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Noey’s Night-Piece
by [?]


“They ain’t much ‘tale’ about it!” Noey said.–
“K’tawby grapes wuz gittin’ good-n-red
I rickollect; and Tubb Kingry and me
‘Ud kindo’ browse round town, daytime, to see
What neighbers ‘peared to have the most to spare
‘At wuz git-at-able and no dog there
When we come round to git ’em, say ’bout ten
O’clock at night when mostly old folks then
Wuz snorin’ at each other like they yit
Helt some old grudge ‘at never slep’ a bit.
Well, at the Pars’nige–ef ye’ll call to mind,–
They’s ’bout the biggest grape-arber you’ll find
‘Most anywheres.–And mostly there, we knowed
They wuz k’tawbies thick as ever growed–
And more’n they’d p’serve.–Besides I’ve heerd
Ma say k’tawby-grape-p’serves jes ‘peared
A waste o’ sugar, anyhow!–And so
My conscience stayed outside and lem me go
With Tubb, one night, the back-way, clean up through
That long black arber to the end next to
The house, where the k’tawbies, don’t you know,
Wuz thickest. And t’uz lucky we went slow,–
Fer jest as we wuz cropin’ tords the gray-
End, like, of the old arber–heerd Tubb say
In a skeered whisper, ‘Hold up! They’s some one
Jes slippin’ in here!–and looks like a gun
He’s carryin’!’ I golly! we both spread
Out flat aginst the ground!

“‘What’s that?’ Tubb said.–
And jest then–‘plink! plunk! plink!‘ we heerd something
Under the back-porch-winder.–Then, i jing!
Of course we rickollected ’bout the young
School-mam ‘at wuz a-boardin’ there, and sung,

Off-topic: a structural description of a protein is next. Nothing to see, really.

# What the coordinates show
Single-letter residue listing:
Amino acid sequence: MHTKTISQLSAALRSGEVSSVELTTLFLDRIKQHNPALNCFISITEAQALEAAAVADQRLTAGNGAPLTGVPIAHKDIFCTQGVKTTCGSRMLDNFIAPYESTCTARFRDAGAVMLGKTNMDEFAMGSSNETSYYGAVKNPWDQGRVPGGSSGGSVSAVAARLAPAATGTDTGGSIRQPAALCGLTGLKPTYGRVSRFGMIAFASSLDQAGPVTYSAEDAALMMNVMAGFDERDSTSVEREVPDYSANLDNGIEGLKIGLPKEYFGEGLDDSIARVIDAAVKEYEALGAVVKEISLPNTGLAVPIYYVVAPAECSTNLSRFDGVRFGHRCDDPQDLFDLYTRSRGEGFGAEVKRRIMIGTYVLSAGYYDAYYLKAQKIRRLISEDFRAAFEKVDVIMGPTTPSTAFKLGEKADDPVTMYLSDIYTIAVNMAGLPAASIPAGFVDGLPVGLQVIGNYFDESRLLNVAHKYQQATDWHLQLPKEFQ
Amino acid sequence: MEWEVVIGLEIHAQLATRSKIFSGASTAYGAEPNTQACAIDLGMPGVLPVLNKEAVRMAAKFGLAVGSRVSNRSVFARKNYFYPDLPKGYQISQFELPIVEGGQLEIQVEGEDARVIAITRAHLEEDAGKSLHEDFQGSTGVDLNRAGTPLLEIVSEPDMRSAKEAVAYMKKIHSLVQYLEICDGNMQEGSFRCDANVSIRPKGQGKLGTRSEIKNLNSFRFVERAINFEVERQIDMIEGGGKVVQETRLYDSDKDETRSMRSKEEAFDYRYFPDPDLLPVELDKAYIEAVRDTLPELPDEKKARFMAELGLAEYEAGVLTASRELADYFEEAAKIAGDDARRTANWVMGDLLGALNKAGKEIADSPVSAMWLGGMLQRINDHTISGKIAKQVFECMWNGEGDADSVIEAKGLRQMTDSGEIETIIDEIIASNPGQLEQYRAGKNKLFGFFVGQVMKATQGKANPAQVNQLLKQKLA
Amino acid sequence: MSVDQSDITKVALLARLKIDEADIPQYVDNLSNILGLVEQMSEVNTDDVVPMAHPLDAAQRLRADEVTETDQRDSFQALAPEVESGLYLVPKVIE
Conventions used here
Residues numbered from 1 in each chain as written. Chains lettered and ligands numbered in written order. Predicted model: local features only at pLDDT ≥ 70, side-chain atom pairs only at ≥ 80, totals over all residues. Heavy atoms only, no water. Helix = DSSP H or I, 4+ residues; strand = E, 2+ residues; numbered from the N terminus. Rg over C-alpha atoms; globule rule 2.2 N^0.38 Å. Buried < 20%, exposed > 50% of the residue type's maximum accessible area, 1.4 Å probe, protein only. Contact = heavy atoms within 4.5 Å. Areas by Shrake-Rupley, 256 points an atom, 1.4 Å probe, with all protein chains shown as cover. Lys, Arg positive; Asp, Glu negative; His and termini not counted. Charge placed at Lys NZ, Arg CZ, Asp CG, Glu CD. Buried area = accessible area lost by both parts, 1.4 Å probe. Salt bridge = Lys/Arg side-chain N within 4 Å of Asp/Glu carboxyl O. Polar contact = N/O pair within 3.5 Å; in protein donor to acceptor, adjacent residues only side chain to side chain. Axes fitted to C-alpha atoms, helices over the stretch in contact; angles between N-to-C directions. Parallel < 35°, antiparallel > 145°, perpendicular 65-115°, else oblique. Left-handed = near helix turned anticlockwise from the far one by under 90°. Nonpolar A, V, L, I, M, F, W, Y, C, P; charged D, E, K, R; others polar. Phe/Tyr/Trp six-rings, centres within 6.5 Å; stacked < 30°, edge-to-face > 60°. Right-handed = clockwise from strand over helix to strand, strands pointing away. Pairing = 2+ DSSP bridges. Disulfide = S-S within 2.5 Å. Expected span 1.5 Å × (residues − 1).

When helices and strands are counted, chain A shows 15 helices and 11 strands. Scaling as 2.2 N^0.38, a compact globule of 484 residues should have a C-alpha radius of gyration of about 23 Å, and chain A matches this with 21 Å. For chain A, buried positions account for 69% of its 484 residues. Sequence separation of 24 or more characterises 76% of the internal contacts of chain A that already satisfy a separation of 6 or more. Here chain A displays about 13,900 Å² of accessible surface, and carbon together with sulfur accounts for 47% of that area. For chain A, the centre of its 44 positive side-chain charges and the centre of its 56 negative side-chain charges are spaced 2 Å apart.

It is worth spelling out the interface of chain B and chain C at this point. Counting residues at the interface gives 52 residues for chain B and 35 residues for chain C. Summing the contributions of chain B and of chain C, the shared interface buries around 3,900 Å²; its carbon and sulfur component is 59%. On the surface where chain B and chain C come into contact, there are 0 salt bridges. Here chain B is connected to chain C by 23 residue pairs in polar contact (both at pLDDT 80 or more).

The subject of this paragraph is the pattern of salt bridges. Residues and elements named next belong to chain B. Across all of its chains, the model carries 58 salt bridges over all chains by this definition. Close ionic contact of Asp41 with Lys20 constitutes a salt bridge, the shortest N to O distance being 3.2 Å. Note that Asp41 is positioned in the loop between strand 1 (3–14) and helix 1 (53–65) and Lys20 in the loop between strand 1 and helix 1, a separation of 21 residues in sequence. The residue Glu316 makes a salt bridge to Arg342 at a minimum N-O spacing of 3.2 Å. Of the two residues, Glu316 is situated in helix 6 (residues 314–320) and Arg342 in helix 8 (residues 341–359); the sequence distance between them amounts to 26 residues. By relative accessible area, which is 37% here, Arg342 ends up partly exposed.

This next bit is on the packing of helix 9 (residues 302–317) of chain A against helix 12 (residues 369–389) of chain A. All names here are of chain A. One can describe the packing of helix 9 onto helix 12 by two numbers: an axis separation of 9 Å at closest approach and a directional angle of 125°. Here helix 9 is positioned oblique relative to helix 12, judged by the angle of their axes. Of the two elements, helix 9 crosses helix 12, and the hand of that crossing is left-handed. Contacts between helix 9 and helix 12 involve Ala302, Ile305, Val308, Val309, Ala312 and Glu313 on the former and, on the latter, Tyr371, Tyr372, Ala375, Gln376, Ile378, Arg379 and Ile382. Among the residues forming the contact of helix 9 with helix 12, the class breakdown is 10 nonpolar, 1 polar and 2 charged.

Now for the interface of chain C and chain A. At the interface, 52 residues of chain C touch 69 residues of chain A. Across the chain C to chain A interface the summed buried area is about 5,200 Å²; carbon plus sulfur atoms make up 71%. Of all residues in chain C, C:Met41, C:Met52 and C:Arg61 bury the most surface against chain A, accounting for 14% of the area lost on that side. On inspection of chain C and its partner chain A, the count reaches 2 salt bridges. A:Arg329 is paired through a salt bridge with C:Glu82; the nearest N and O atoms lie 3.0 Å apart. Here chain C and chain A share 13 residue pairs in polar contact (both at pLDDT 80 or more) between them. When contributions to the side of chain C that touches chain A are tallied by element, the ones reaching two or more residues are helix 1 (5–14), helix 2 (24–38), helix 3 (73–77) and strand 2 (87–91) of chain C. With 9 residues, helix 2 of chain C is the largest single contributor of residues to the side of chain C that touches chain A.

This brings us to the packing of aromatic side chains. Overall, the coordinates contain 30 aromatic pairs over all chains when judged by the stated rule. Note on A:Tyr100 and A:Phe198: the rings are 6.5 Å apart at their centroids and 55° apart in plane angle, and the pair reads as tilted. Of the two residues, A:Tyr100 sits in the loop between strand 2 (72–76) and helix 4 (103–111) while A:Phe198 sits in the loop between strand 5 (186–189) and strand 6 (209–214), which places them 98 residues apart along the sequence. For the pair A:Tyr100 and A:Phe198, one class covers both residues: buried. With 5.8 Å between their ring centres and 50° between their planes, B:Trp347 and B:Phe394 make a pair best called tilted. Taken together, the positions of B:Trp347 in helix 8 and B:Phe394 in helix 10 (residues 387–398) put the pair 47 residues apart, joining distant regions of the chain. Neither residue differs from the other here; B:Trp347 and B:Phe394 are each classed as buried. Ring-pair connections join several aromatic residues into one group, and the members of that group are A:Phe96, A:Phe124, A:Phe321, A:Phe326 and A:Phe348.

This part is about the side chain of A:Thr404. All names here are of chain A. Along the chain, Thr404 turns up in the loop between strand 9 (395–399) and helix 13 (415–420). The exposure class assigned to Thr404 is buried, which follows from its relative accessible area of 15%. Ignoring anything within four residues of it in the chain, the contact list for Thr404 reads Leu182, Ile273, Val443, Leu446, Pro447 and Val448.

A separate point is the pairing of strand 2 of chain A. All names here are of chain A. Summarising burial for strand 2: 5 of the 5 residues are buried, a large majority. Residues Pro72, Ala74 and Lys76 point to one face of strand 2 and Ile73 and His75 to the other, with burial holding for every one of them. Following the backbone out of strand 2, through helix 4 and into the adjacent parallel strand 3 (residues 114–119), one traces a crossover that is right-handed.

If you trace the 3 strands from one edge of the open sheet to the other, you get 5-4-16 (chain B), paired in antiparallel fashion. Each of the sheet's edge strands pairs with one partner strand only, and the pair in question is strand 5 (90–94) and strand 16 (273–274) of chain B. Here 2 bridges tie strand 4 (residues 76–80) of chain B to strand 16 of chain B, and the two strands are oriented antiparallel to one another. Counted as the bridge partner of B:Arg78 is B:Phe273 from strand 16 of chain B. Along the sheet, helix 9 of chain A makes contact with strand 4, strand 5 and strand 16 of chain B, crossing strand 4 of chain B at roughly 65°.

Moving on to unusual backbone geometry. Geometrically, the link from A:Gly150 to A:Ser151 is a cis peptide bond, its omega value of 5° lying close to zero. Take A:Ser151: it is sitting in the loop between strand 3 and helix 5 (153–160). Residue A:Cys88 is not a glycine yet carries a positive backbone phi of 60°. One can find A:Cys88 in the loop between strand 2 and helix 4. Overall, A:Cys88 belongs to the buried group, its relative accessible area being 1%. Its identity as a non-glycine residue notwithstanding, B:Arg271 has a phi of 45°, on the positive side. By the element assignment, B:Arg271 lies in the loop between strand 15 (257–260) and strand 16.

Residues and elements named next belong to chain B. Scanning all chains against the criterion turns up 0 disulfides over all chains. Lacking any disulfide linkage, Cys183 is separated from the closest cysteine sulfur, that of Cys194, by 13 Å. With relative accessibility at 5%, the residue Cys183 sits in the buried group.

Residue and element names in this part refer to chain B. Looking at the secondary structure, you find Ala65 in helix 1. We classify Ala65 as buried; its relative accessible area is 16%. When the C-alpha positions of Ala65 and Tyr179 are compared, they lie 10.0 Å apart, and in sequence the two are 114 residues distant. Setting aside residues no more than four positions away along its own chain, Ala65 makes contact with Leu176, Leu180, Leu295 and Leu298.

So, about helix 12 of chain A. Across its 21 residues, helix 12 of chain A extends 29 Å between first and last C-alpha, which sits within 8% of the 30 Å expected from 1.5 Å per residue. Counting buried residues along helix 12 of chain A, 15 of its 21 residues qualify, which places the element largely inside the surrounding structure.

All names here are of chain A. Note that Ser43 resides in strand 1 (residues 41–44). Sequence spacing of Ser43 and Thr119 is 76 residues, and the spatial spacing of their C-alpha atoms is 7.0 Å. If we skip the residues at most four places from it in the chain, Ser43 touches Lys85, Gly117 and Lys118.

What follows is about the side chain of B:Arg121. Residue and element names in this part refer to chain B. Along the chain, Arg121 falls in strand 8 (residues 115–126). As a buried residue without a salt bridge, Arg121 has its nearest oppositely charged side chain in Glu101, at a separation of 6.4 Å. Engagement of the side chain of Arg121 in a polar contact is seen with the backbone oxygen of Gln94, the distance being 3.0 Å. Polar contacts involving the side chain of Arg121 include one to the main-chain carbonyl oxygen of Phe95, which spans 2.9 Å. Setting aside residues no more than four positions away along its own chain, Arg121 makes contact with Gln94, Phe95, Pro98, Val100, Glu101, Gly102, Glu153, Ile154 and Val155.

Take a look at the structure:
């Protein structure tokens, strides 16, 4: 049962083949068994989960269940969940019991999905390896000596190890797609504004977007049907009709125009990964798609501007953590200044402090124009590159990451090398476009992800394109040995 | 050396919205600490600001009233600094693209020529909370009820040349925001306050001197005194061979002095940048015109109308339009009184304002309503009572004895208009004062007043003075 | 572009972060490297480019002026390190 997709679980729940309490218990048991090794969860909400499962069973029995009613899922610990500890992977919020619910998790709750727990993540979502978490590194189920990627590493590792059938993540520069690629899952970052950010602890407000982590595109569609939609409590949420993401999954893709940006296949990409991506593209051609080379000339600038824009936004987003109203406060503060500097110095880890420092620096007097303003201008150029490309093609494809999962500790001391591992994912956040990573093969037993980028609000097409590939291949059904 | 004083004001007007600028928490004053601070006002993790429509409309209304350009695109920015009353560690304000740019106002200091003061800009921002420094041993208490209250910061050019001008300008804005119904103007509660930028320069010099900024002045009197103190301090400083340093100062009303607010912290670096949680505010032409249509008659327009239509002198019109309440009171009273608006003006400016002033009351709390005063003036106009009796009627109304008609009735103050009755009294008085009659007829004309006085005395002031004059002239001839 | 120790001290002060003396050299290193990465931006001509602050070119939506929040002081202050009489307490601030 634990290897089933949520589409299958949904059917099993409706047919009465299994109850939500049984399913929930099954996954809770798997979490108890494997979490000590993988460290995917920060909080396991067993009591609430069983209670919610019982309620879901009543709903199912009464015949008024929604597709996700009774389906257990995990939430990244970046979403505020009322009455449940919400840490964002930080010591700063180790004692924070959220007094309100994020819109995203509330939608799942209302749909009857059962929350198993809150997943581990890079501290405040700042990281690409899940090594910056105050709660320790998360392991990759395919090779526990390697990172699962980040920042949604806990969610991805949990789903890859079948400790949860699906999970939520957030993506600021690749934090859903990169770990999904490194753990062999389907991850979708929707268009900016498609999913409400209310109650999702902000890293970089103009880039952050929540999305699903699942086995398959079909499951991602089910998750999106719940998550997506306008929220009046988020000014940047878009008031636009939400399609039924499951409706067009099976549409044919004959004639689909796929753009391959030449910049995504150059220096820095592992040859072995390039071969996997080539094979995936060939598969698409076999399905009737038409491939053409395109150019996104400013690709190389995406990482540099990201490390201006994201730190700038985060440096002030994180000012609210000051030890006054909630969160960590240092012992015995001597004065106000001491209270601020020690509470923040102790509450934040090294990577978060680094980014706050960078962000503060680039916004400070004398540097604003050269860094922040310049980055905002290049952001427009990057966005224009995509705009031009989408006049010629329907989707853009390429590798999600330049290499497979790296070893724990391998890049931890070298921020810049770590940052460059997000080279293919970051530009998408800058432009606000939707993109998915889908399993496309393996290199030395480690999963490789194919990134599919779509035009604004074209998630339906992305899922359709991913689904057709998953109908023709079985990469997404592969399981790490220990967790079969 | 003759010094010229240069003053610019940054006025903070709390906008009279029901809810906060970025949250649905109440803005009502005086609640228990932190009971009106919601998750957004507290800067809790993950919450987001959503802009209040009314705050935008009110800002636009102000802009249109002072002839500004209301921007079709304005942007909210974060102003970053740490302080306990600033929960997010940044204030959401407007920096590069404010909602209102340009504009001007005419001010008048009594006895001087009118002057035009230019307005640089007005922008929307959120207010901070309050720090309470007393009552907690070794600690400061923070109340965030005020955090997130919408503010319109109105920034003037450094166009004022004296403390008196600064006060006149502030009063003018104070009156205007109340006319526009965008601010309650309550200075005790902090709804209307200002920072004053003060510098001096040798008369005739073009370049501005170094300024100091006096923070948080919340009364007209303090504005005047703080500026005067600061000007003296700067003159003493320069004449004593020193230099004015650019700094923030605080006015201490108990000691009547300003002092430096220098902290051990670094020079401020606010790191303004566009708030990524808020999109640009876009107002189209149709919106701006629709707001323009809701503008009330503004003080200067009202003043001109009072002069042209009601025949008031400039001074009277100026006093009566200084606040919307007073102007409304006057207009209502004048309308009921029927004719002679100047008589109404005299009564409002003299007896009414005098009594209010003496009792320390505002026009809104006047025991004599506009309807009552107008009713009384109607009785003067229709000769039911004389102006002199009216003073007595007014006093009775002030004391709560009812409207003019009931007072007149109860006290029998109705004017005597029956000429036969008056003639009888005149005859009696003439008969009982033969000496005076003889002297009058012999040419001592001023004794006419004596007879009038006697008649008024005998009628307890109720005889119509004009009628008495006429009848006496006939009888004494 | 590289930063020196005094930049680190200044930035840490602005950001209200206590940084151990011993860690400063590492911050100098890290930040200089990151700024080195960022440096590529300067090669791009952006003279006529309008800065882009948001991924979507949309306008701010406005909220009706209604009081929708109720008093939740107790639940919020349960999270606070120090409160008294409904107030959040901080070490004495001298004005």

And played on the melodium in the choir.–
And she ‘uz ’bout as purty to admire
As any girl in town!–the fac’s is, she
Jest wuz, them times, to a dead certainty,
The belle o’ this-here bailywick!–But–Well,–
I’d best git back to what I’m tryin’ to tell:–
It wuz some feller come to serenade
Miss Wetherell: And there he plunked and played
His old guitar, and sung, and kep’ his eye
Set on her winder, blacker’n the sky!–
And black it stayed.–But mayby she wuz ‘way
From home, er wore out–bein’ Saturday!

“It seemed a good-‘eal longer, but I know
He sung and plunked there half a’ hour er so
Afore, it ‘peared like, he could ever git
His own free qualified consents to quit
And go off ’bout his business. When he went
I bet you could a-bought him fer a cent!

“And now, behold ye all!–as Tubb and me
Wuz ’bout to raise up,–right in front we see
A feller slippin’ out the arber, square
Smack under that-air little winder where
The other feller had been standin’.–And
The thing he wuz a-carryin’ in his hand
Wuzn’t no gun at all!–It wuz a flute,–
And whoop-ee! how it did git up and toot
And chirp and warble, tel a mockin’-bird
‘Ud dast to never let hisse’f be heerd
Ferever, after sich miracalous, high
Jim-cracks and grand skyrootics played there by
Yer Cousin Rufus!–Yes-sir; it wuz him!–
And what’s more,–all a-suddent that-air dim
Dark winder o’ Miss Wetherell’s wuz lit
Up like a’ oyshture-sign, and under it
We see him sort o’ wet his lips and smile
Down ‘long his row o’ dancin’ fingers, while
He kindo’ stiffened up and kinked his breath
And everlastin’ly jest blowed the peth
Out o’ that-air old one-keyed flute o’ his.
And, bless their hearts, that’s all the ‘tale’ they is!”

And even as Noey closed, all radiantly
The unconscious hero of the history,
Returning, met a perfect driving storm
Of welcome–a reception strangely warm
And unaccountable, to him, although
Most gratifying,–and he told them so.
“I only urge,” he said, “my right to be
Enlightened.” And a voice said: “Certainly:
During your absence we agreed that you
Should tell us all a story, old or new,
Just in the immediate happy frame of mind
We knew you would return in.”

So, resigned,
The ready flutist tossed his hat aside–
Glanced at the children, smiled, and thus complied.